The Caspar Lumber Company sawed up old-growth redwoods by the ton, using its location at the mouth of Caspar Creek to ship massive boatloads of lumber via coastal schooners (first by sail, then by steam) 160 miles south to the Bay Area. Their lumber rebuilt San Francisco following the 1906 quake. Caspar Lumber employed state-of-the-art technology (for the time) to haul the giant trees — often as large as 20 feet in diameter and 350 feet tall — from inland forest to Caspar millpond. Initially powered by bull teams, the Caspar Company laid tracks, and in 1875 they became the first coastal operation to retire the mules in favor of steam-powered locomotion. What started as a mile-long wooden rail had graduated by 1924 into a 30-mile network with seven locomotives serving 80,000 acres. But by 1944, only two locomotives remained in service, and two years later, the railroad was derailed for good. The Caspar mill remained steam-operated to the day it closed, the last steam mill on the California coast.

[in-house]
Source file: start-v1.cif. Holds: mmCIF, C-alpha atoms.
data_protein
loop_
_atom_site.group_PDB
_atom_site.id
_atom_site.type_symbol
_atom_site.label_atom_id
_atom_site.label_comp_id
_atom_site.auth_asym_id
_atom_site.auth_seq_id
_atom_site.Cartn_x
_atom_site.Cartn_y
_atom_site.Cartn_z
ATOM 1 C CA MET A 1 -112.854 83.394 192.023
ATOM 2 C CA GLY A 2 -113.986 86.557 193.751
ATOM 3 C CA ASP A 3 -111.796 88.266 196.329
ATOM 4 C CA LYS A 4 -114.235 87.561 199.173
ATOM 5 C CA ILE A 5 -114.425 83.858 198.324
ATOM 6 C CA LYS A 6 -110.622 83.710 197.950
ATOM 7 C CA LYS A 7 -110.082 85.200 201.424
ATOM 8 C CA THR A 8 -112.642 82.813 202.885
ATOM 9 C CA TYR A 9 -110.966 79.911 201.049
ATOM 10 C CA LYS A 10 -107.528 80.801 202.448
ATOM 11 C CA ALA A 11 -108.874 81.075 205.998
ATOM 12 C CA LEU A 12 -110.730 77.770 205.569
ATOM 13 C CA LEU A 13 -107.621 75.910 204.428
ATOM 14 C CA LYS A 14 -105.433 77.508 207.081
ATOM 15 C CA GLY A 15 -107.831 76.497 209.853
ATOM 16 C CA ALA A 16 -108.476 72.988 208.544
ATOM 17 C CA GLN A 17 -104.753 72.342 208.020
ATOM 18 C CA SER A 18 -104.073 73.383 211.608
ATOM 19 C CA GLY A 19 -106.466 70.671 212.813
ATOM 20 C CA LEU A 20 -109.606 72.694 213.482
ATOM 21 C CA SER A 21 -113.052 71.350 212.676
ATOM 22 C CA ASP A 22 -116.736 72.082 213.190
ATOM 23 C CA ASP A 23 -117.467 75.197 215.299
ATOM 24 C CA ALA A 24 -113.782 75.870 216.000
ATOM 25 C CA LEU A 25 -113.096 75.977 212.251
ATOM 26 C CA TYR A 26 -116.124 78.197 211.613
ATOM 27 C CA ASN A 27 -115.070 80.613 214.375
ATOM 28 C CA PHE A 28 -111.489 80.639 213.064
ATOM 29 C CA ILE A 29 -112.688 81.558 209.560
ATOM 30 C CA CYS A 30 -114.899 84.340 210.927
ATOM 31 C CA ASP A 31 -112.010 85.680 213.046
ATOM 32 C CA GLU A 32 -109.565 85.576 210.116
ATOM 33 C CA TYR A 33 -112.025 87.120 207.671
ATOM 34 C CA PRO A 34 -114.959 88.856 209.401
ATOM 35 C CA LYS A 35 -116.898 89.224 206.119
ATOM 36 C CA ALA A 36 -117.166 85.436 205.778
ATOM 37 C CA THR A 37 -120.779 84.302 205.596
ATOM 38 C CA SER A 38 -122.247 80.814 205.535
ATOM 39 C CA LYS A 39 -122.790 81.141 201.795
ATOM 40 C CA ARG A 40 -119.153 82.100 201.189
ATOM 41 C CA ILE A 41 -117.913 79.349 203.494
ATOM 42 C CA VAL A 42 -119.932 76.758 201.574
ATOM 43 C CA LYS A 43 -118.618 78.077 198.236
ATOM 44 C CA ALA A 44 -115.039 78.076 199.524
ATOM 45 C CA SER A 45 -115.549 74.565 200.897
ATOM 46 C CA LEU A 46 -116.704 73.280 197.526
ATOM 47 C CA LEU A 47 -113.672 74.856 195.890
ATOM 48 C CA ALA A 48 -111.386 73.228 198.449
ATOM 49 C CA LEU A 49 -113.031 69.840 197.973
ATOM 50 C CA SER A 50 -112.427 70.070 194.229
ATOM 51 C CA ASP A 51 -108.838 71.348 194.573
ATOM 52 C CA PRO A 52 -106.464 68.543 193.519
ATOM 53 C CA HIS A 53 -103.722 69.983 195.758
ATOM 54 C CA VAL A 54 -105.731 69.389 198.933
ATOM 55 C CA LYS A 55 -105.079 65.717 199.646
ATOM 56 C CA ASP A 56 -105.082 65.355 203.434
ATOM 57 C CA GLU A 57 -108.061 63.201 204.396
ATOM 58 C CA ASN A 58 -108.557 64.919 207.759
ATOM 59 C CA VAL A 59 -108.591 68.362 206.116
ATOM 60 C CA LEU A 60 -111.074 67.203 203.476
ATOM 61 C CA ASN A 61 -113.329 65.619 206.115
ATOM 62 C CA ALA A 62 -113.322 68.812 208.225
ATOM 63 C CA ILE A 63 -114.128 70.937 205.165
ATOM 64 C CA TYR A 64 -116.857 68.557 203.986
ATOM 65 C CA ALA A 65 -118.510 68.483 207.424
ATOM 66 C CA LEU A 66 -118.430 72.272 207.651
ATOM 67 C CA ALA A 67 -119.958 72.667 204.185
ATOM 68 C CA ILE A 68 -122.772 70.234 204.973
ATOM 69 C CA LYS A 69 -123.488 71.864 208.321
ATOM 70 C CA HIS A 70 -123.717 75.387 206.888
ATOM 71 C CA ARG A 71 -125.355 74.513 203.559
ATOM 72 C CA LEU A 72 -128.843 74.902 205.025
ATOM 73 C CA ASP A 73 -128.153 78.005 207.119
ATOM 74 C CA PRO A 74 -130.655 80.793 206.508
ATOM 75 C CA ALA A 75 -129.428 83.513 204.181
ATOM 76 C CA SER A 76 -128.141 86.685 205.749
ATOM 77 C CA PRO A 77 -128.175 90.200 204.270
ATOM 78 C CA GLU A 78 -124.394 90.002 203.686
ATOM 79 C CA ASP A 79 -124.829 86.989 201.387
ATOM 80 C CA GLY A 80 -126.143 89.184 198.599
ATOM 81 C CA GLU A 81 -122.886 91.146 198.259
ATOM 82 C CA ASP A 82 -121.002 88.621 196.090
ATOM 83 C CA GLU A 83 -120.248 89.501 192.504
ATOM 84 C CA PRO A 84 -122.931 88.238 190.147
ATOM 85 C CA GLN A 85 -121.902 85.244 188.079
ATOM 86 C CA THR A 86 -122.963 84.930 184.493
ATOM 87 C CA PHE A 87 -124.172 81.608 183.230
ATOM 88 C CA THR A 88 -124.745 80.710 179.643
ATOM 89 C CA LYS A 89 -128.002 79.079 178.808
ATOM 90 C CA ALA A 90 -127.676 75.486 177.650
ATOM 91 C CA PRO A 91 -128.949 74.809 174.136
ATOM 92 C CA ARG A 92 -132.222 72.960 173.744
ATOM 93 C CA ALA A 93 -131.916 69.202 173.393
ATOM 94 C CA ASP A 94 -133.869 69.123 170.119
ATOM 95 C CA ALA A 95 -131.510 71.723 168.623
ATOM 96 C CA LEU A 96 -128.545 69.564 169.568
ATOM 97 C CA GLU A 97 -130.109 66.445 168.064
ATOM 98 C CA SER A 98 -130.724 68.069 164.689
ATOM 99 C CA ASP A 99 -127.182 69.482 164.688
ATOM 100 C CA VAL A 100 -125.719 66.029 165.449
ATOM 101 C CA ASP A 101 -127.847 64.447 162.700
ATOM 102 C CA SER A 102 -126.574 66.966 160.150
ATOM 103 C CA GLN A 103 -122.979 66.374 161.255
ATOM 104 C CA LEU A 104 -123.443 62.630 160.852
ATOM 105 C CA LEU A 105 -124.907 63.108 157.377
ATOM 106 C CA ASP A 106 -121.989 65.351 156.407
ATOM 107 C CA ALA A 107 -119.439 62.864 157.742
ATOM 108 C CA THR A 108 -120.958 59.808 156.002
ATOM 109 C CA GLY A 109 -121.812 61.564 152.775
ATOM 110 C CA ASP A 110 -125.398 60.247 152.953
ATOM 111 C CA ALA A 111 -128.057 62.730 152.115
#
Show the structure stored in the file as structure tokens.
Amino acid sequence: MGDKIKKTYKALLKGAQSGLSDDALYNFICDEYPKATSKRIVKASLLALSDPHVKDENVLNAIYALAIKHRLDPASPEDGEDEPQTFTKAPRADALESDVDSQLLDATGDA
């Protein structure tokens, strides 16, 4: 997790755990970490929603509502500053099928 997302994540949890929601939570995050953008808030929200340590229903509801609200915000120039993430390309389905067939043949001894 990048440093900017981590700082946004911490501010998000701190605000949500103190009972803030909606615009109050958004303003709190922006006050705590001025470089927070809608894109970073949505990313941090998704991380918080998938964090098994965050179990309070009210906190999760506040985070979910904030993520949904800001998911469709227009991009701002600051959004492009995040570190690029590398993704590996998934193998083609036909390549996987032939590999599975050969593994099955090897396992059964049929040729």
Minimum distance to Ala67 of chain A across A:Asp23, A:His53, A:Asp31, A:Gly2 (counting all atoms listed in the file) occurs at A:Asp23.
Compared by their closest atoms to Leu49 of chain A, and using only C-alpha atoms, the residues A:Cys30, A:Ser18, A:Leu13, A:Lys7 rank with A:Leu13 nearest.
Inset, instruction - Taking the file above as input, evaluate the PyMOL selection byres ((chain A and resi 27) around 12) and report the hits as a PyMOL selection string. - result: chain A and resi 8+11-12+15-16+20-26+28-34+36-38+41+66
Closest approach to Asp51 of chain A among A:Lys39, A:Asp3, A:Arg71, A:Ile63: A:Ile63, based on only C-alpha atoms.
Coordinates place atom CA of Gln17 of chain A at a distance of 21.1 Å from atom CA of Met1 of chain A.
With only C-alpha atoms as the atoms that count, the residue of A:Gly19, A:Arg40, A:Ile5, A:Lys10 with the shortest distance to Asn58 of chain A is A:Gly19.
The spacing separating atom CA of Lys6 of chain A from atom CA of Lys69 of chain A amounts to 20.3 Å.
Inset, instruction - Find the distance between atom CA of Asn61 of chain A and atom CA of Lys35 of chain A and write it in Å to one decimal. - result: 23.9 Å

Casparados & Other Sound Bites
Caspar’s story has inspired a lot of sound-bites. There’s Caspar the Friendly Ghost Town, an easy pleaser for those of us of a certain age. There’s the Caspar is a State of Mind concept. And there are the Casparados, with as much made-for-media-appeal as a super bowl ad. Though one resident claims the term goes back 100 years to Caspar’s wild lumber days, most agree it was coined in the 1990s and pedaled as a sumptuous morsel for the press. The media-savvy nature of many of Caspar’s residents is a double-edged sword, because while Internet use was a strong factor in their ability to preserve the headlands, gaining the small village far more media ink than many a town in distress, the slogans do justice to neither the complexity of their challenges nor to the hours spent at meetings. Exploring the fine points of septic regulation minutiae is a lot more tiresome than the dashing image conjured by the rebellious Casparados as they save their Friendly Ghost Town.
Not surprisingly, there isn’t full consensus, but some of the contenders include:
• The Edifice Complex — organizations mired in building-related minutiae.
• Unelected Town Board — a board that isn’t elected has no teeth.
• Sewage — without a septic solution, there’s no development.
• Endless Meetings — going blah blah blah blah blah.
• Ruffled Feathers — if you try to make things happen, be prepared for headaches.
• Land Values — if the young are driven out, Caspar will become an old folks ghetto. ¥¥
(A slightly different version of this story ran in California Magazine in December, 2009.)